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Carrick Cook

Officer Carrick R. Cook is the Public Information Officer for the Arizona Department of Public Safety and a former motor officer with that agency.



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Doug Wyllie

Doug Wyllie has authored more than 1,000 articles and tactical tips aimed at ensuring that police officers are safer and more successful on the streets. Doug is a Western Publishing Association “Maggie Award” winner for Best Regularly Featured Digital Edition Column. He is a member of International Law Enforcement Educators and Trainers Association (ILEETA), an Associate Member of the California Peace Officers’ Association (CPOA), and a member of the Public Safety Writers Association (PSWA).
Vehicles

Glide Cruisers for Campus Patrol

G2 Patrol's Enforcer and Defender are stand-up patrol vehicles that may find their way onto California's college campuses.

February 11, 2011  |  by


We attended the Los Angeles County Sheriff's vehicle testing mostly for the crop of next-gen patrol cars and motorcycles. Yet, we also noticed several electric patrol vehicles, such as G2 Patrol's pair of "glide cruisers" that would give public safety agencies a green-tech option and an less-strenuous alternative to bicycle patrol.

They're probably best suited for campus officers who cover more expansive areas and often need to slide between vehicles or into other tighter spaces. The vehicles measure 10 inches wide (with the deck).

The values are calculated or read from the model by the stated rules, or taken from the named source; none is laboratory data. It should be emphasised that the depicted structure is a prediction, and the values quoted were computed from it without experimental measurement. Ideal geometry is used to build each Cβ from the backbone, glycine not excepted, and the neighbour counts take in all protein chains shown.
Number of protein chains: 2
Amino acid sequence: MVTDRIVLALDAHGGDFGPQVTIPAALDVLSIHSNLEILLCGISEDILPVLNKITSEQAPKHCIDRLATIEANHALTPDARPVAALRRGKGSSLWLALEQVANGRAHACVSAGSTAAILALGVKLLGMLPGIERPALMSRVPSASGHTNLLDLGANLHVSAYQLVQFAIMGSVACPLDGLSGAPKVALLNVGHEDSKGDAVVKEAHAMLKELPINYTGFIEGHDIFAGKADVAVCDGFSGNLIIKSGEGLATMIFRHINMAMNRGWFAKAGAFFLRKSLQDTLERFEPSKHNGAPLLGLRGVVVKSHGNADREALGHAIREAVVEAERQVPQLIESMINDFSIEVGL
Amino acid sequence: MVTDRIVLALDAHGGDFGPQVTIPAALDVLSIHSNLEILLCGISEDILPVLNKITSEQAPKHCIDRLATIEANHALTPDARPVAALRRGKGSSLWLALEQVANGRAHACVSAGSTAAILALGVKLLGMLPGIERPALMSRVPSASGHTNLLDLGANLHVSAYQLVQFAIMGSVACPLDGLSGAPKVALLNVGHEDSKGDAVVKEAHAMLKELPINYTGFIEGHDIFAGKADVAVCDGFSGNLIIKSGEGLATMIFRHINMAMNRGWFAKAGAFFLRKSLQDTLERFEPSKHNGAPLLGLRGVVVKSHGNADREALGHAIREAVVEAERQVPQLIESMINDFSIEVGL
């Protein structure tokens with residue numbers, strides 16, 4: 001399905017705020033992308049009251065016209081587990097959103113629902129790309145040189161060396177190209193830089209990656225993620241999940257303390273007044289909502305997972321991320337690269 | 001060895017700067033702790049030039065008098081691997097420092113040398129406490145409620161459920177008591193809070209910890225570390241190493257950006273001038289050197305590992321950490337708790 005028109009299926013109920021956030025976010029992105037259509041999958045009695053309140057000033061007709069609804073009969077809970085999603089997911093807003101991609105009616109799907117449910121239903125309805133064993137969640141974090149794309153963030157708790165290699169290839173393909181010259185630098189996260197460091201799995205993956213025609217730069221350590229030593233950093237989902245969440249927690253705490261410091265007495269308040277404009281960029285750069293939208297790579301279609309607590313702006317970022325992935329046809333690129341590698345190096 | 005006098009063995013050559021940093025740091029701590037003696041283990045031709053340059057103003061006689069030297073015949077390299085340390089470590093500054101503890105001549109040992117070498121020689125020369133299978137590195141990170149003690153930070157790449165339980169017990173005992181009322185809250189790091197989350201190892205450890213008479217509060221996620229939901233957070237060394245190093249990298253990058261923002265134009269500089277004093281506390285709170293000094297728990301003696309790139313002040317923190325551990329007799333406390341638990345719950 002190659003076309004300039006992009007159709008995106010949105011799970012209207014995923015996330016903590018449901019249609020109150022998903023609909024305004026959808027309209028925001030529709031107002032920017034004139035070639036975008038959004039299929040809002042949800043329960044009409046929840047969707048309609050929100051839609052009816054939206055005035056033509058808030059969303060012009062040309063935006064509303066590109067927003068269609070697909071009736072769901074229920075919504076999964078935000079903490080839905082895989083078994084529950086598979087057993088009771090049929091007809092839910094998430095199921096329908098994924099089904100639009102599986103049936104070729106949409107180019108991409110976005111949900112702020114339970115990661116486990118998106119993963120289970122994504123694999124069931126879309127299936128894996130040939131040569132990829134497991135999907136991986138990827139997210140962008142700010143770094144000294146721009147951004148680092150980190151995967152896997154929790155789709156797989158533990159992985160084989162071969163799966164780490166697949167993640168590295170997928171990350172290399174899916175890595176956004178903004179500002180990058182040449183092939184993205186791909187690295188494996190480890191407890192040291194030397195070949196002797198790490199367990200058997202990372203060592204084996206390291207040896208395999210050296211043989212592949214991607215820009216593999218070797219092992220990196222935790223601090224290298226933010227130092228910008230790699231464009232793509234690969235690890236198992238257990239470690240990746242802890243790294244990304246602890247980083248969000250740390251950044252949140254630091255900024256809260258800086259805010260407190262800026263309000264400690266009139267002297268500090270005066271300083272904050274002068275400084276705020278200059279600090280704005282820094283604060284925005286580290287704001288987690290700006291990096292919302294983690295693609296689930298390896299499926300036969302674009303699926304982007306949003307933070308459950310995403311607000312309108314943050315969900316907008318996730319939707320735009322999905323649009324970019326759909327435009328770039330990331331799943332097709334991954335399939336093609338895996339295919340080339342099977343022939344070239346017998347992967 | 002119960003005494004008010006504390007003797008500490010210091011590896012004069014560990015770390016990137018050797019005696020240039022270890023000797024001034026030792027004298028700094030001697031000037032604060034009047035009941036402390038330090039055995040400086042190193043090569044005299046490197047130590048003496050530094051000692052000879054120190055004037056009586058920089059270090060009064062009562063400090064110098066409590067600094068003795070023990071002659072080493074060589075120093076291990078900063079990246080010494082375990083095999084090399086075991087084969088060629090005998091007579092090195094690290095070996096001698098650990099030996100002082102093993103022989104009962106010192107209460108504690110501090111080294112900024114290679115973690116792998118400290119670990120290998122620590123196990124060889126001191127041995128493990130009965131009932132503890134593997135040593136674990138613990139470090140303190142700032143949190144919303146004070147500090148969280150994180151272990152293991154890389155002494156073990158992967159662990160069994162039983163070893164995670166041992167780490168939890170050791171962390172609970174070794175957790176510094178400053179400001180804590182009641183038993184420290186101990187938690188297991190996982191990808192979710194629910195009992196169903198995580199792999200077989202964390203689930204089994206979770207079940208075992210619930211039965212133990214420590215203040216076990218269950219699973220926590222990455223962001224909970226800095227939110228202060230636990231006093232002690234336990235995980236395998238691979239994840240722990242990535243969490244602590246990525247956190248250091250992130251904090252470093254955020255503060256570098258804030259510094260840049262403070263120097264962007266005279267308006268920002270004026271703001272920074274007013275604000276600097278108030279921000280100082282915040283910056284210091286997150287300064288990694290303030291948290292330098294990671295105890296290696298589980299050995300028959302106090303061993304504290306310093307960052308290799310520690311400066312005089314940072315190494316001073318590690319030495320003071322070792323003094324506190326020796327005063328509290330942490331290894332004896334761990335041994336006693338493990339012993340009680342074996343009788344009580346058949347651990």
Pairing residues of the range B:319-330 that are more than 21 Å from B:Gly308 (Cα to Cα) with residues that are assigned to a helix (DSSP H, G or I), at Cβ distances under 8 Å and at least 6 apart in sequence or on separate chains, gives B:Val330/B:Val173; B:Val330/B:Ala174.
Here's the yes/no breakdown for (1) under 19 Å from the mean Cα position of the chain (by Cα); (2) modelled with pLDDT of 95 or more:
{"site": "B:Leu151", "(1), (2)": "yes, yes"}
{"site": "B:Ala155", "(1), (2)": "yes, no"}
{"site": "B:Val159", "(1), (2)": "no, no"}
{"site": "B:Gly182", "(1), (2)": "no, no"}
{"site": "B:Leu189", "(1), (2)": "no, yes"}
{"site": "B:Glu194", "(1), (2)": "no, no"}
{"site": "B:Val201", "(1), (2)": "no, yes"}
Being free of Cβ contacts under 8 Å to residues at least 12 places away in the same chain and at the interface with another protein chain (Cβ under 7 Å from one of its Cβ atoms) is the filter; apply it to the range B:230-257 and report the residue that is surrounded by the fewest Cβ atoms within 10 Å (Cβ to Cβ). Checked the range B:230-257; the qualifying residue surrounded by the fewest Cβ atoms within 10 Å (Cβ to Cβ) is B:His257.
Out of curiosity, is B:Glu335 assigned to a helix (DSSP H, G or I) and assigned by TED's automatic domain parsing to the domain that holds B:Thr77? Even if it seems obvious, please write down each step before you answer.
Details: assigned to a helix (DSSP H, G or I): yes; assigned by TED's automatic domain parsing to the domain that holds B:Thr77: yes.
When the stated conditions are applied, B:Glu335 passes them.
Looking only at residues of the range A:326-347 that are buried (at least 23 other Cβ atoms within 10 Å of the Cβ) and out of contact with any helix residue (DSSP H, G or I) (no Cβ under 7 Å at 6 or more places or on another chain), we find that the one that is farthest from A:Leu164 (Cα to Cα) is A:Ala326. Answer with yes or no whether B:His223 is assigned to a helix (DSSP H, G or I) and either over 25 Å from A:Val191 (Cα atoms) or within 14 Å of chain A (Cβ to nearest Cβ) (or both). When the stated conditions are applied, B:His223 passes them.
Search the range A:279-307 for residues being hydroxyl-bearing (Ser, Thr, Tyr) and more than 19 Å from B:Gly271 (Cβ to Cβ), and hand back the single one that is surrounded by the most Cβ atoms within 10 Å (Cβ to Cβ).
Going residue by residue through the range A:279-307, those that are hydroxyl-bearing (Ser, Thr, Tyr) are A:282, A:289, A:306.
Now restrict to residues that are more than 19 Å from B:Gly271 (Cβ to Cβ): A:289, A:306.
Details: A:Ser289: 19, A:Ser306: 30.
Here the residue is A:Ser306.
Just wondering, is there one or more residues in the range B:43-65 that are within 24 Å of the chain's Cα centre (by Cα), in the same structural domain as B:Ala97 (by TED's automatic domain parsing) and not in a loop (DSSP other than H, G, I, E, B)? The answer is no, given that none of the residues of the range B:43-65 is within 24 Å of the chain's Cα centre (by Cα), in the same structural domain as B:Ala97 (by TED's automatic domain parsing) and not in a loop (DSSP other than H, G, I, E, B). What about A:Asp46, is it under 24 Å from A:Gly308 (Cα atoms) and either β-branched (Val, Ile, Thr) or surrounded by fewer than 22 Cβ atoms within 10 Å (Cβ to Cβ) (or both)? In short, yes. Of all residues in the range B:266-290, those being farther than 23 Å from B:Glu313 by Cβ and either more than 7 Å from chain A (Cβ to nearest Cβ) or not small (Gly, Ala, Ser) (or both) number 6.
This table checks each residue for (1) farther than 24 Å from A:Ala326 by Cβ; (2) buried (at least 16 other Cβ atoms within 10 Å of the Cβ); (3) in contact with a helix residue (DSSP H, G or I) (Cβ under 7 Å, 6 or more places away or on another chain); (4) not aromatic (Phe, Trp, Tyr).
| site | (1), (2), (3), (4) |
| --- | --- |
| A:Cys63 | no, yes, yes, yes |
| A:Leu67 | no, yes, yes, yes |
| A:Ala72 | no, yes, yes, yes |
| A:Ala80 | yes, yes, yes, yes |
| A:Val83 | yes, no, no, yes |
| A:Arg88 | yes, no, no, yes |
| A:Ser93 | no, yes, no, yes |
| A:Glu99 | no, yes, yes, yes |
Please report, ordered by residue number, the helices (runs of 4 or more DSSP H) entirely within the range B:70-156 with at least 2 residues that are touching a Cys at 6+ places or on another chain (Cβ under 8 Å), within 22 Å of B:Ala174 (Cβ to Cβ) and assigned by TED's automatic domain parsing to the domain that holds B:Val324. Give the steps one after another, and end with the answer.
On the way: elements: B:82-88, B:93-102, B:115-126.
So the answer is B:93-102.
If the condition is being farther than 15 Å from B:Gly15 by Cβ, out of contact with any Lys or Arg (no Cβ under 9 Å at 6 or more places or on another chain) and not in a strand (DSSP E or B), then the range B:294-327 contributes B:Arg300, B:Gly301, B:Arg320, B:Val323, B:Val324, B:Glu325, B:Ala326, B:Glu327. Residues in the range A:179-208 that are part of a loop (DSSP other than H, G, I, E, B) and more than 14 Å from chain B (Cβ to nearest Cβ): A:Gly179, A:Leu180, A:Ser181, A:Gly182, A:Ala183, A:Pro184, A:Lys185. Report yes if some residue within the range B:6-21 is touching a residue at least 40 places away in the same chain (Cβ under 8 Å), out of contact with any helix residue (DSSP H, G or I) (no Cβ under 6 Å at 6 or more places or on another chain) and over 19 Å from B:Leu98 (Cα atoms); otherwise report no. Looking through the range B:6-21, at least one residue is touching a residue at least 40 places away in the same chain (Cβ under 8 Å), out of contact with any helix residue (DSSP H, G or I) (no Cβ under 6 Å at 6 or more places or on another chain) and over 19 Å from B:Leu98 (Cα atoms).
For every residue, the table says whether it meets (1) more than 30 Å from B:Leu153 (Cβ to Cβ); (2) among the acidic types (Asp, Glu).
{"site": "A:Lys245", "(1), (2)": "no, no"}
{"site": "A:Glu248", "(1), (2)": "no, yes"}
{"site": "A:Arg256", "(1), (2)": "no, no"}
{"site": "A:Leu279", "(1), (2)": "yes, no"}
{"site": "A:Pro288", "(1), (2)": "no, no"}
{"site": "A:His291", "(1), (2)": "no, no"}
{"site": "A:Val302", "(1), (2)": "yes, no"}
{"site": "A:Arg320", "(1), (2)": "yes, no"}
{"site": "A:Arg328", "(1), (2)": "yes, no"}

"It bridges the gap between motorcycle patrol and the police bikes," Christopher Wiggens, president and chief executive of Glide Cruisers USA, tells POLICE Magazine. "They're very stable with a low center of gravity. You can go creeping along and narrow through because of the narrow profile."

G2 Patrol is the division of Glide Cruisers, of  Folsom, Calif., that produces the Defender PS-1 and Enforcer PS-2 powered with an electric hub motor mounted to the rear wheel.

The glide cruisers are considered electric stand-up vehicles (ESVs) in a category with T3 Motion's T3 Series ESV and Segway's Personal Transporter (PT).

The Defender is the base cruiser with a 48-volt motor, 15Ah Lithium battery, and 25-mile range. The Enforcer adds a higher-capacity battery (20Ah Lithium), extending the range to 30 miles. Both can reach a top speed of 32 mph. The Enforcer also arrives with Code 3 lighting (and front and rear sirens).

The 48-volt brushless motors have no internal moving parts and are powered when a controller picks up signals from the thumb throttle. The battery plugs into a standard outlet and requires three to four hours to fully charge.

Officers can add a smartphone dock, wireless computer, multi-light bar, rearview mirror, Contour HD camera or Topeak trunk bag as add-ons.

Several universities in California, as well as the Palo Alto (Calif.) Police Department are now considering the vehicle for patrol use.

California higher-learning institutions considering the vehicle include Stanford University, University of the Pacific, California State University, Sacramento, and UC Davis, Wiggens said.

The Defender retails for $3,950, while the Enforcer retails for $4,995.


Comments (1)

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JD @ 6/9/2013 7:31 AM

The G2 Patrol is far superior to the other ESVs!

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